Martin Brodeur retires with a smile and many NHL goaltending records

Martin Brodeur retires with a smile and many NHL goaltending records

Most athletes find it difficult to retire. Not so for goaltender Martin Brodeur, the NHL’s career leader in wins, shutouts, games played and minutes played.

Brodeur on Thursday announced his retirement and said he had accepted a position as a senior advisor with the St. Louis Blues. “I’m leaving the game really, really happy,” he said at a news conference in St. Louis.

A three-time Stanley Cup winner during 21 seasons with the New Jersey Devils, Brodeur wanted to continue his career after the Devils didn’t offer him another contract last summer. He joined the Blues in December, after Brian Elliott was injured, and appeared in seven games, five of them starts. He was 3-3-0 with a 2.87 goals-against average and .899 save percentage and sometimes looked brilliant. Though at other times he appeared slow to react to shots. His last game was a 4-3 loss to the Ducks at Anaheim on Jan. 2.

Brodeur retired with 691 wins, 125 shutouts, 1,226 games played and 7,438 minutes played in regular-season play and compiled a 2.24 goals-against average and .924 save percentage. In the playoffs, he was 113-91 with 24 shutouts, a 2.02 goals-against average and .919 save percentage.

Brodeur, 42, was no longer needed on the ice by the Blues after Elliott recovered and backup Jake Allen straightened out his game. Brodeur told reporters he didn’t want to go somewhere else simply to prolong his career.

“I played 21 years in one organization and a month and a half somewhere else and I didn't want to be moving around. So it's something that I didn't really look at,” he said. “I had a blast here in St. Louis and I didn't want that experience to be overshadowed because I made a different move. To be in the same situation somewhere else did not really attract me that much.”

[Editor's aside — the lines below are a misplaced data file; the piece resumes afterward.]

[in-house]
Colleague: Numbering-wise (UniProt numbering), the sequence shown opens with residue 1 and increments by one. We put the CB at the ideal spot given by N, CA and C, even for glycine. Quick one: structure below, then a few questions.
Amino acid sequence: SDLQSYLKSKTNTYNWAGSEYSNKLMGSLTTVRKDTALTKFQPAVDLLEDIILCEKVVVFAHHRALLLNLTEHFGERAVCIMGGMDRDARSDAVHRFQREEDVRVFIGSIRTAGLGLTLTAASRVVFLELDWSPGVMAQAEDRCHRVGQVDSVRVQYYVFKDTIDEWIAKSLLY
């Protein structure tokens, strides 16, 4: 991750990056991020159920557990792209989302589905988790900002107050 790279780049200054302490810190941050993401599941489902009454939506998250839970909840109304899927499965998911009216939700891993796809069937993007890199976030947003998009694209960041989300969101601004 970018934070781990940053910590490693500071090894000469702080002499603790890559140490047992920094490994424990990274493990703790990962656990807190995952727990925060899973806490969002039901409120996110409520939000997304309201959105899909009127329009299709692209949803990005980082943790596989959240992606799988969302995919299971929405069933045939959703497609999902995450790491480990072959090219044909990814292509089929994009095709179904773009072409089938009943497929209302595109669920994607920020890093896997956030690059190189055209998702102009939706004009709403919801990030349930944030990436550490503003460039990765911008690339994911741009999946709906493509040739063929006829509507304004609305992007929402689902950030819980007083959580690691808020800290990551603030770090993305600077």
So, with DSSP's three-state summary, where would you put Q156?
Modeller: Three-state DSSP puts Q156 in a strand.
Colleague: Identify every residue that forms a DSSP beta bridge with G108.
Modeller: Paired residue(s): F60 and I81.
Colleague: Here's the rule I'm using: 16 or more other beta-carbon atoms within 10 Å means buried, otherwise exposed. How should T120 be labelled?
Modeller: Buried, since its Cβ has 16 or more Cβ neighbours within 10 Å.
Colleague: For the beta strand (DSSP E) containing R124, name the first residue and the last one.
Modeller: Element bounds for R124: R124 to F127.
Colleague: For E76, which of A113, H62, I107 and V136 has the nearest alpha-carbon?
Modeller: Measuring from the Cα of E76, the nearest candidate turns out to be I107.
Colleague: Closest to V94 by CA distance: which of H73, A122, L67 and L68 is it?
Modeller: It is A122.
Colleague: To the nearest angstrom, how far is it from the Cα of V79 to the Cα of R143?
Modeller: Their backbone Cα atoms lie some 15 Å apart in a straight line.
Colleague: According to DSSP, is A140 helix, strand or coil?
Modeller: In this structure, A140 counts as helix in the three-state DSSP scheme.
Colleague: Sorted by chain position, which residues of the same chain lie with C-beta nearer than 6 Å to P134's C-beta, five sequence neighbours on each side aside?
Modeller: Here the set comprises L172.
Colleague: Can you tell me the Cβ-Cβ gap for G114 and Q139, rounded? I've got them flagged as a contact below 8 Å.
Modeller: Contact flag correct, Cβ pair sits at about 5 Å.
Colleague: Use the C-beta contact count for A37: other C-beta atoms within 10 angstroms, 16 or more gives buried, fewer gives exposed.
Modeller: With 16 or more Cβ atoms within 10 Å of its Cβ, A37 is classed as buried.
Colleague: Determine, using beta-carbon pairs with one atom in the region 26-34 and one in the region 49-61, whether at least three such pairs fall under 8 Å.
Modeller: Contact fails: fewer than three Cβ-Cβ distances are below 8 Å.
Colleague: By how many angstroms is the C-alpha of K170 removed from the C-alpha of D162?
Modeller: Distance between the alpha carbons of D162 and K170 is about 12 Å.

Blues General Manager Doug Armstrong wanted Brodeur to remain with the club to share his knowledge and experience. Brodeur took two weeks to ponder his options before accepting the Blues’ job offer. “He’s going to travel with the team on a daily basis, he's going to interact with our players and our coaches,” Armstrong said. "Our goals are very simple in St. Louis with this team, it's to prepare and be competitive to win a Stanley Cup and to ultimately win a Stanley Cup.”

Brodeur didn’t rule out returning to the Devils someday, though he wouldn’t say when that might be.

“I'm doing this now as a St. Louis Blue and I want to learn as much as I can and we'll see where that's going to bring me,” he said. “I might not like this. I might just go and say playing golf every day looks a lot better than doing this. I'll make a decision on my future whenever it comes around. Right now, I'm just going to go all-in on this.”

But he acknowledged that he will always be considered a member of the Devils.

“For me, my hockey career is all about the Devils," Brodeur said. “Nobody's going to associate me with the Blues as a hockey player and a retirement arrangement will be made for New Jersey in the future.”

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